As usual, there were a ton of artists and musicians at the political conventions this year. And that raises some questions. How much should artists get involved in politics? How can artists best promote social change?
One person who serves as a model here was not an artist but understood how to use a new art form. Frederick Douglass made himself the most photographed American of the 19th century, which is kind of amazing. He sat for 160 separate photographs (George Custer sat for 155 and Abraham Lincoln for 126). He also wrote four lectures on photography.
Douglass used his portraits to change the way viewers saw black people. Henry Louis Gates Jr. of Harvard points out that one of Douglass’ favorite rhetorical tropes was the chiasmus: the use of two clauses in a sentence in reversed order to create an inverse parallel.
For example, Douglass wrote, “You have seen how a man was made a slave; you shall see how a slave was made a man.”
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And that’s what Douglass did with his portraits. He took contemporary stereotypes of African-Americans — that they are inferior, unlettered, comic and dependent — and turned them upside down.
Douglass posed for his portraits very carefully and in ways that evolved over the years. You can see the progression of Douglass portraits in a new book called “Picturing Frederick Douglass,” curated by John Stauffer, Zoe Trodd and Celeste-Marie Bernier, and you can read a version of Gates’ essay in the new special issue of Aperture magazine, guest edited by Sarah Lewis.
In almost all the photographs, Douglass is formally dressed, in black coat, vest, stiff formal collar and bow tie. He is a dignified and highly cultured member of respectable society.
But within that bourgeois frame there is immense personal force. Douglass once wrote, “A man without force is without the essential dignity of humanity.” Douglass’ strong features project relentless determination and lionlike pride. In some early portraits, starting when he was around age 23, his fists are clenched.
In some of the pre-Civil War photos he stares directly into the camera lens, unusual for the time. And then there was his majestic wrath. In 1847 he told a British audience that when he was a slave he had “been punished and beaten more for [my] looks than for anything else — for looking dissatisfied because [I] felt dissatisfied.”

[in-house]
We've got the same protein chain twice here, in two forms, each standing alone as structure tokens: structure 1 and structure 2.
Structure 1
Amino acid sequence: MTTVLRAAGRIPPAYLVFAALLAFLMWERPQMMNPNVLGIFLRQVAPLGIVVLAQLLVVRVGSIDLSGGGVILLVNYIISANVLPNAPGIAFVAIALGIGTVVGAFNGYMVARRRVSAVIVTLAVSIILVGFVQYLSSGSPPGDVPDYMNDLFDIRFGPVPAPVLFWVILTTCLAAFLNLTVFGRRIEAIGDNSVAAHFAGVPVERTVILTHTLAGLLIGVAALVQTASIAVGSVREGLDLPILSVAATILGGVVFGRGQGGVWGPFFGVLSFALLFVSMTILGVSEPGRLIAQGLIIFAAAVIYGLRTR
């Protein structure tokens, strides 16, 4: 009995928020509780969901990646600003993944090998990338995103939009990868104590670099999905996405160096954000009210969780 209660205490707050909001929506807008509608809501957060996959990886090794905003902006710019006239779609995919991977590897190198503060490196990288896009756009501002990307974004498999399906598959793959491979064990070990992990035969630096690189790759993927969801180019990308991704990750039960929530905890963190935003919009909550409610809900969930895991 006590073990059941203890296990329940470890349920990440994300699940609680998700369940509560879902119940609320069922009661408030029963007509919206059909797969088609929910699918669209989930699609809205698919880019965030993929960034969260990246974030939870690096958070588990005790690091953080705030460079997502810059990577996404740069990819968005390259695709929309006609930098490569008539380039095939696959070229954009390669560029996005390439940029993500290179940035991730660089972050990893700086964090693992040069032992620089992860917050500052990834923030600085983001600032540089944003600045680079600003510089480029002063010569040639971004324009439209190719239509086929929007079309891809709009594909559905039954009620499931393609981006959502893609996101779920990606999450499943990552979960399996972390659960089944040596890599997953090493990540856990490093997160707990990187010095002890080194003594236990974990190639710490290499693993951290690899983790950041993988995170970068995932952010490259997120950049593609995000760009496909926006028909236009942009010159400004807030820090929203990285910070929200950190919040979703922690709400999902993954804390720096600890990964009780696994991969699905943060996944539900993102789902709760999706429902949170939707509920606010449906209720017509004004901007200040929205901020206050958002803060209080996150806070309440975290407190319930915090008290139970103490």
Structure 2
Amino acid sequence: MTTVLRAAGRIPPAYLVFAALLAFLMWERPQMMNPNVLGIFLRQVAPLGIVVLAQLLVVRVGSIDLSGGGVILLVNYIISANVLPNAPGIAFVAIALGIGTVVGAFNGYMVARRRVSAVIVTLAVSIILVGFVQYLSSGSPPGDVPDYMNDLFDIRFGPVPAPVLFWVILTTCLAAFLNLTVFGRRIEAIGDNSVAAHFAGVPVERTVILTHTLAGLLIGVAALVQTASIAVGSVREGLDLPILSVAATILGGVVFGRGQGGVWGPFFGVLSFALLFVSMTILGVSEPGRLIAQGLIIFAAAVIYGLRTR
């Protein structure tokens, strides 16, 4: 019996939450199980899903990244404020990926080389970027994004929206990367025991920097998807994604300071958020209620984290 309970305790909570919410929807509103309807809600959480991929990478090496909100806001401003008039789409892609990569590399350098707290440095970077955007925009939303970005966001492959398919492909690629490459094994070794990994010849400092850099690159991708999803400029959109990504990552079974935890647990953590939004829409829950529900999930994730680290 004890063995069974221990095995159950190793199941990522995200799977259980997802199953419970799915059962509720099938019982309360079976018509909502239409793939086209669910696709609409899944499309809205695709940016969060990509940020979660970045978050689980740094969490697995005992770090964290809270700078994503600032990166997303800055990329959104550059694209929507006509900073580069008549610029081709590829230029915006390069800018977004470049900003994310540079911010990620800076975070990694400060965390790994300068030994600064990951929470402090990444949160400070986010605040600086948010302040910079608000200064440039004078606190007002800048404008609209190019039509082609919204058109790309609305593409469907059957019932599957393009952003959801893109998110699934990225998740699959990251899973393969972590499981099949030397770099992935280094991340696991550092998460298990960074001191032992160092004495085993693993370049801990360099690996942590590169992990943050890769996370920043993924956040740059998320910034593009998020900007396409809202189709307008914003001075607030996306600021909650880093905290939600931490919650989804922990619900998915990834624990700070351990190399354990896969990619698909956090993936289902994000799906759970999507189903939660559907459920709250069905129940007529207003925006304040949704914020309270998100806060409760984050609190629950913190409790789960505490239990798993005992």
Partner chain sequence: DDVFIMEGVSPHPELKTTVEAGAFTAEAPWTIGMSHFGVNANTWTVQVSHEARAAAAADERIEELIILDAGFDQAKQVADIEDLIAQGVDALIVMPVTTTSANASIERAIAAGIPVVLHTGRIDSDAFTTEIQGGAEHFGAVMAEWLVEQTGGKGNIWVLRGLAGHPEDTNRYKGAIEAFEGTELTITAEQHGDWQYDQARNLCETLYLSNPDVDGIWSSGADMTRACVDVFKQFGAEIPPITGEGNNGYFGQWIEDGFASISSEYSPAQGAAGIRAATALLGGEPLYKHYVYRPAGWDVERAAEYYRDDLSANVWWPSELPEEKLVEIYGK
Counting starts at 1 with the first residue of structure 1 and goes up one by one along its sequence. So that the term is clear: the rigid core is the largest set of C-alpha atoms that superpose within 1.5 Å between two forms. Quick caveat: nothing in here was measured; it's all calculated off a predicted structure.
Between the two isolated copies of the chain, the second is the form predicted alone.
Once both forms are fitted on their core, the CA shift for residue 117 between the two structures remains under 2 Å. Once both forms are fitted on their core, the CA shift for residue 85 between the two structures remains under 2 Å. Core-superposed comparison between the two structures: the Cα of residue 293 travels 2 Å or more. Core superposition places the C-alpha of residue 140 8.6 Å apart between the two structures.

Douglass brought that look of radical dissatisfaction to the studio. When he was a young man, his stares were at once piercing, suspicious and solemn. As he got older, his face took on a deeper wisdom and sadness while losing none of his mountainous solemnity. He was combining moral depth and great learning.
Douglass was combating a set of generalized stereotypes by showing the specific humanity of one black man. (The early cameras produced photographs with great depth of field revealing each pore, hair and blemish.)
Most of all, he was using art to reteach people how to see.
We are often under the illusion that seeing is a very simple thing. You see something, which is taking information in, and then you evaluate, which is the hard part.
But in fact perception and evaluation are the same thing. We carry around unconscious mental maps, built by nature and experience, that organize how we scan the world and how we instantly interpret and order what we see.
With these portraits, Douglass was redrawing people’s unconscious mental maps. He was erasing old associations about blackness and replacing them with new ones. As Gates writes, he was taking an institution like slavery, which had seemed to many so inevitable, and leading people to perceive it as arbitrary. He was creating a new ideal of a just society and a fully alive black citizen, and therefore making current reality look different in the light of that ideal.
“Poets, prophets and reformers are all picture makers — and this ability is the secret of their power and of their achievements,” Douglass wrote. This is where artists make their mark, by implanting pictures in the underwater processing that is upstream from conscious cognition. Those pictures assign weights and values to what the eyes take in.
I never understand why artists want to get involved in partisanship and legislation. The real power lies in the ability to recode the mental maps people project into the world.
A photograph is powerful, even in the age of video, because of its ability to ingrain a single truth. The special “Vision and Justice” issue of Aperture shows that the process of retraining the imagination is ongoing. There are so many images that startlingly put African-American models in places where our culture assumes whiteness — in the Garden of Eden, in Vermeer’s “Girl With a Pearl Earring.”
These images don’t change your mind; they smash through some of the warped lenses through which we’ve been taught to see.